It concerns me that my kids won't relate to this book as I did, not being raised in a small town in the mountains. On the flipside, I imagine they will find themselves in other books that will make an impression deep enough they'll remember a few of the words and illustrations when they're adults living far from home.

Sunday, September 30, 2012

My Local Orchard

I never would have guessed how much local fruit I'd be eating living in my central city location. This August I picked, ate, shared, baked, and froze a bowl of superb yellow plums, a handful of Italian prune plums, a couple buckets of blackberries, three colanders heaped with red Santa Rosa plums, 150 apples, and at least two dozen bunches of the best green grapes I've ever eaten - and all grown within one square block of my house! 

In our backyard we have two apple trees. Last year we had two dozen apples from the big tree and maybe two edible ones from the small tree. We pruned the trees last fall and this summer we got 100 apples off the big one and 50 off the small one!

Doin' it homesteader style
We ate and baked with the gorgeous 100 apples from the big tree but, other than giving the somewhat scabby little apples to my younger son for teething toys, I figured sauce was the solution. I was able to borrow from a neighbour (who's also a friend) an apple saucer (well, that's what I call it). She had it from her mother (who's also a neighbour) who used to use it in her homesteading days. 

I covered the apples in water, brought them to a boil, simmered them until the flesh was soft and the peels cracked, then tossed them in the apple saucer and sauced 'em. I added back in half the cooking water to lengthen the sauce (and not waste that pink gold - yes, the apple cooking water was a lovely pink lemonade color) and my boys ate it up right away. I got two mason jars out of two dozen of the worst apples and I feel right pleased about it!

Last meal ever eaten out of that tea cup;
he broke it on his way to the dishwasher.
Fortunately, no apple sauce was harmed.

Apples, sauce, and a prime example of
applesauce coma after two helpings.

Apparently our wall color is a dead ringer for homemade applesauce.
Put that on your paint chip Benjamin Moore!

Friday, September 21, 2012

Family Mathematics

My husband and I knew we wanted more than one child before we'd had our first. (Heck, I knew I wanted more than one child before I had a husband!) We didn't exactly anticipate having another quite as soon as we did; some loving friends with a child the same age as our first told us that we were crazy when we announced the second pregnancy. In truth, it wasn't a mental condition but an illness of the heart; we'd been bitten by the love bug. Our 7 month old was sleeping through the night, was a good eater, had never had a fever nor a diaper rash, and the unpredictable early days were quickly becoming a distant memory.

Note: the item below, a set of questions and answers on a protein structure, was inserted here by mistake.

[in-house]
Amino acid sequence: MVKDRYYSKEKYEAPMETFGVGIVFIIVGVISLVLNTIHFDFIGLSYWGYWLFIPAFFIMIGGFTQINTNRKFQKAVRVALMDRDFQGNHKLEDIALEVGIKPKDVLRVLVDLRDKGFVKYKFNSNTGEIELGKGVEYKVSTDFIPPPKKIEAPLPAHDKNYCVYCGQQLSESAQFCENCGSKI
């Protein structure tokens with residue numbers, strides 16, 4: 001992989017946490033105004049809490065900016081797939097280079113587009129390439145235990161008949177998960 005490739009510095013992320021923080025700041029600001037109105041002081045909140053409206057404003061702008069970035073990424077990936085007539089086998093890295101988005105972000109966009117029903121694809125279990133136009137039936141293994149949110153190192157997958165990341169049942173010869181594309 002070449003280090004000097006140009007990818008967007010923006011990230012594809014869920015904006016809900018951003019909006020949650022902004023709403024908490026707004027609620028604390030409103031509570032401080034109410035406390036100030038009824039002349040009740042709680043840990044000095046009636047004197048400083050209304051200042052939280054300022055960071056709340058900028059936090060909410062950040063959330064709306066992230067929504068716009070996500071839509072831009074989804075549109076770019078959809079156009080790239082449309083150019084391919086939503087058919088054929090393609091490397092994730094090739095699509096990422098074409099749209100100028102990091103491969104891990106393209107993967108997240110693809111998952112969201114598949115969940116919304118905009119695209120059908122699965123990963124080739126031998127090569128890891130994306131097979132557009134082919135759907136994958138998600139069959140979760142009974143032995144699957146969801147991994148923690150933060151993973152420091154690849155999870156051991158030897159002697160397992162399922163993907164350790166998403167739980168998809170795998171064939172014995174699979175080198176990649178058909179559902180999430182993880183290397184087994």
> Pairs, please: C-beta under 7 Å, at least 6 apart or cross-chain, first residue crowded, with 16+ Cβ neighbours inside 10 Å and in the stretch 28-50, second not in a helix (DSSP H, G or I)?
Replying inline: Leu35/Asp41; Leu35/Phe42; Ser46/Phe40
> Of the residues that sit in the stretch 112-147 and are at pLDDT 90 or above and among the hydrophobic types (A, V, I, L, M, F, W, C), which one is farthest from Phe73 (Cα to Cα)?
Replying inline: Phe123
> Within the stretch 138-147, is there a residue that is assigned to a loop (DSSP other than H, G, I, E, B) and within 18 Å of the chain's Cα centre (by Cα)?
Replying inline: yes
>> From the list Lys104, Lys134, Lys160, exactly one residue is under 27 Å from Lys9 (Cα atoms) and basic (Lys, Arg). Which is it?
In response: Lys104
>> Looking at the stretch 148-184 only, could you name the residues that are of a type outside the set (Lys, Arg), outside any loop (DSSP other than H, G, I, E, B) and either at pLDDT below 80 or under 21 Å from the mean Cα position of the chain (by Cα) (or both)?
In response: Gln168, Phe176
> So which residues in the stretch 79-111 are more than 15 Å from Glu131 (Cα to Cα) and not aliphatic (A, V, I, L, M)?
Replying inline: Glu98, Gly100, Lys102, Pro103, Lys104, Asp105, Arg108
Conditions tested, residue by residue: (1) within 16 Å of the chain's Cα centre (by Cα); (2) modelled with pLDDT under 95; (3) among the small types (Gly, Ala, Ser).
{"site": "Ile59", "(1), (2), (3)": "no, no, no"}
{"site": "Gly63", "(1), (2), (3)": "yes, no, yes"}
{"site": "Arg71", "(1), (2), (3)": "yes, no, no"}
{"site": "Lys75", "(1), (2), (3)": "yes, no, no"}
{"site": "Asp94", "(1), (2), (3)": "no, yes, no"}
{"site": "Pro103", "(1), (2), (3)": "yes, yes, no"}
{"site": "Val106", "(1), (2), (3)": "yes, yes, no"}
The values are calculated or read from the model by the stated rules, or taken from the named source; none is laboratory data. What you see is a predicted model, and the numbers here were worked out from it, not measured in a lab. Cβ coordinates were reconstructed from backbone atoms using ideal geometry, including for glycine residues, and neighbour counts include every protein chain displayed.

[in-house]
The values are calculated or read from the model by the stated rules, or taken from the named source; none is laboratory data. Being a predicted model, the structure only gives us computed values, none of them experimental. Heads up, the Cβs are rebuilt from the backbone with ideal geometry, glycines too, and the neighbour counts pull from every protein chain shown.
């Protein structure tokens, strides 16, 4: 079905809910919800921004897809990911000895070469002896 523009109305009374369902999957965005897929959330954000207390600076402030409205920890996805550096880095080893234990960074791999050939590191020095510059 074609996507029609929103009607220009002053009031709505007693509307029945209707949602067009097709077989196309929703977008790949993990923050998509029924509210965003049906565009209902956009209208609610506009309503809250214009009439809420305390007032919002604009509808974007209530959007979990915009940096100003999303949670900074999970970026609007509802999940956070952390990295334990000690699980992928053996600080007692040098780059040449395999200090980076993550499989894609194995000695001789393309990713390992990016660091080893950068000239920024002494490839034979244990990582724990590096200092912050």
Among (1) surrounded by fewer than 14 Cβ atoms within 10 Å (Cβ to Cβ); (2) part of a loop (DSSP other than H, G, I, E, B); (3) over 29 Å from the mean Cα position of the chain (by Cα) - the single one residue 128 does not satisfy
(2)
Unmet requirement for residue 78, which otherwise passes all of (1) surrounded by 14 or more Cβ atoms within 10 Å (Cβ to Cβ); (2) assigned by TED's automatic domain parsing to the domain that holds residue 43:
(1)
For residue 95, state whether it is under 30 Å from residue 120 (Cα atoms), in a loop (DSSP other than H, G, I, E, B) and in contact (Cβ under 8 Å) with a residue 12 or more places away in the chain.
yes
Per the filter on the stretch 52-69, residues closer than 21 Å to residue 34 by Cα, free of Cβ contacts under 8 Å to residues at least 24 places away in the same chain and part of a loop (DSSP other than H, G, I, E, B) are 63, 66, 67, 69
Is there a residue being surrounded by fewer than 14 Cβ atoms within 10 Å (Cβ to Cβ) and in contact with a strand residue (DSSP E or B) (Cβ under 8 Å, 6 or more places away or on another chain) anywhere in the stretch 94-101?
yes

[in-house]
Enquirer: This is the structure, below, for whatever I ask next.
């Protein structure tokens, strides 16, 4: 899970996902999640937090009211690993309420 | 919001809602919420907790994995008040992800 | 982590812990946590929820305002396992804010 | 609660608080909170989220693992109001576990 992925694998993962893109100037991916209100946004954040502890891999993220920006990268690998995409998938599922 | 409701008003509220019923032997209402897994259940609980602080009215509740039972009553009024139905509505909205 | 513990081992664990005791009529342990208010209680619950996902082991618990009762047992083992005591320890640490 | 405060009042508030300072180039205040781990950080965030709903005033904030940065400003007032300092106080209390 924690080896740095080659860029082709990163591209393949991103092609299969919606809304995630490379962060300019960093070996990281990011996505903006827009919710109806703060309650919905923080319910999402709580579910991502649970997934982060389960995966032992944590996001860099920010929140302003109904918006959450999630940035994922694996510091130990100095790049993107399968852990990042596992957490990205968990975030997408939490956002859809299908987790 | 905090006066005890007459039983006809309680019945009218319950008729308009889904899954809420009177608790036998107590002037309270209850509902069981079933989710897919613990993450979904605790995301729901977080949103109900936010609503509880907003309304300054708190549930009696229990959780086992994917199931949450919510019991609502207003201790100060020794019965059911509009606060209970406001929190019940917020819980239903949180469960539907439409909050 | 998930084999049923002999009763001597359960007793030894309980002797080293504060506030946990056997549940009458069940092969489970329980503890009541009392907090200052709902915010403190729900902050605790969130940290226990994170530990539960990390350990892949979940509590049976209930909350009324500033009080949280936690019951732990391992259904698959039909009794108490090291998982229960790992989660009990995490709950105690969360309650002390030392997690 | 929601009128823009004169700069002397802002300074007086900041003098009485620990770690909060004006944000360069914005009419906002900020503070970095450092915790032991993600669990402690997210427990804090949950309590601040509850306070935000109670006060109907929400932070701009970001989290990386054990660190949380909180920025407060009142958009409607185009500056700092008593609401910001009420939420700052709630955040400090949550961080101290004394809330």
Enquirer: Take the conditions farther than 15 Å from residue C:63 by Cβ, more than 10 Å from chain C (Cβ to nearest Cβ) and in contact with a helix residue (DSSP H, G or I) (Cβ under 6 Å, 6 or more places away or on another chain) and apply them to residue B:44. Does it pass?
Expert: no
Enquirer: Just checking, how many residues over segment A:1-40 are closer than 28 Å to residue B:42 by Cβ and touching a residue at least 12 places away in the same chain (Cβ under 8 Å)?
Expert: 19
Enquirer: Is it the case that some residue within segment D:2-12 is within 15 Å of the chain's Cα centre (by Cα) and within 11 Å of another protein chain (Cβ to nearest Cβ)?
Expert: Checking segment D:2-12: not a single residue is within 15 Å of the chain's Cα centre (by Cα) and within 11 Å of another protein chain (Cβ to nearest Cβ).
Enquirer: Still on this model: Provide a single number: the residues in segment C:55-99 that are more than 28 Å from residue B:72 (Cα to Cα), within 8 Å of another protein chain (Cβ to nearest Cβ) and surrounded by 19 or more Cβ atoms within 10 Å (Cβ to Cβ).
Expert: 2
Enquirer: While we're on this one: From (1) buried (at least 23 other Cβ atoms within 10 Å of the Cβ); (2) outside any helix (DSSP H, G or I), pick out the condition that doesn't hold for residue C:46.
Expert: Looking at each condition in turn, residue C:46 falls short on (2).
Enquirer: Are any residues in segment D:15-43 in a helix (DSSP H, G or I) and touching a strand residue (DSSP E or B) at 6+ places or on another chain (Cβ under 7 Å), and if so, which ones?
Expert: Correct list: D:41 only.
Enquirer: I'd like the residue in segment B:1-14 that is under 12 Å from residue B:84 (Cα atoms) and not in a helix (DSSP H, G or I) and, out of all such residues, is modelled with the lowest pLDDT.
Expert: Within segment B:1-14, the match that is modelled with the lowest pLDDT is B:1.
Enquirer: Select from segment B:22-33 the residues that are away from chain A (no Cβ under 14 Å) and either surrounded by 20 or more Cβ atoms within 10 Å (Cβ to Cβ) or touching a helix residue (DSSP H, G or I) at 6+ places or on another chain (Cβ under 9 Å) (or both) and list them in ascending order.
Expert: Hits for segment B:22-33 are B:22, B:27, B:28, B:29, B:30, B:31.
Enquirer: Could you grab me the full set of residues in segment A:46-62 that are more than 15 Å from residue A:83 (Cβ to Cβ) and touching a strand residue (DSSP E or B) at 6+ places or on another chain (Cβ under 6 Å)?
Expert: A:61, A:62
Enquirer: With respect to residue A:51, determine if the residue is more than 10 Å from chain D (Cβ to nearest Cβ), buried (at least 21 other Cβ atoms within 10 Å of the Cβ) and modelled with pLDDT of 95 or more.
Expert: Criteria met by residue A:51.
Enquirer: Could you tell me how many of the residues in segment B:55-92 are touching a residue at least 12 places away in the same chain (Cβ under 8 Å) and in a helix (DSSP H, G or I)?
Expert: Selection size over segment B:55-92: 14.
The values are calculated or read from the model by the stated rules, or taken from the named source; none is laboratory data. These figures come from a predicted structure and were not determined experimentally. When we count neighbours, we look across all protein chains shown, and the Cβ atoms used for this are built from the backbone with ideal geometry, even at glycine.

Now as a mother of two tots I find myself having an internal daily debate about whether or not we should have a third. The overwhelming argument for is the simple equation that another child equals more love. There was a time when I wondered how I could ever love another as much as my first, but the most mind-blowing part of parenting is that one's capacity for love grows with each child. And then there is that child's potential love to both put into the world and to draw out of others which perpetually raises the world love-o-meter too. It may sound hokey, but, honestly, what's wrong with more love? (Well, besides the increased work and stress and money and landfill space it takes to raise that little love machine.)

Our #2 has rather seamlessly fit into our family. It helps that so much of the world is set up for foursomes: cars, dinner tables, board games, roller coasters - not that we've taken him on any amusement park rides as of yet. In my experience, the second baby is easier simply because I'm more relaxed; I hardly check in with parenting books and have visited the doctor for check-ups less often too. The second learns to "deal" as the firstborn sometimes takes precedence (i.e.: when the older one is about to run into oncoming traffic the younger one might just have to cry while safely buckled into the stroller parked with the brake on well out of harm's way). 

Of course, we already had all the baby paraphernalia, all we had to get was a second car seat and a double stroller (see previous post). Personally, I don't miss alcohol much as I never got back into the habit after the first, so I kind of forget what I'm missing now that it's more than three years on the wagon. And, let's face it, breastfeeding is a wonderful bonding and cuddling experience and the cuddles are a top reason to do it all over again. 

On the downside, getting a family of four out the door, to the dinner table, or into bed takes more time, though at least with two kids there is still a parent to wrangle each child. Also, with each subsequent baby, there is the fear (and the fact) of losing further touch with the working world and one's career and personal aspirations.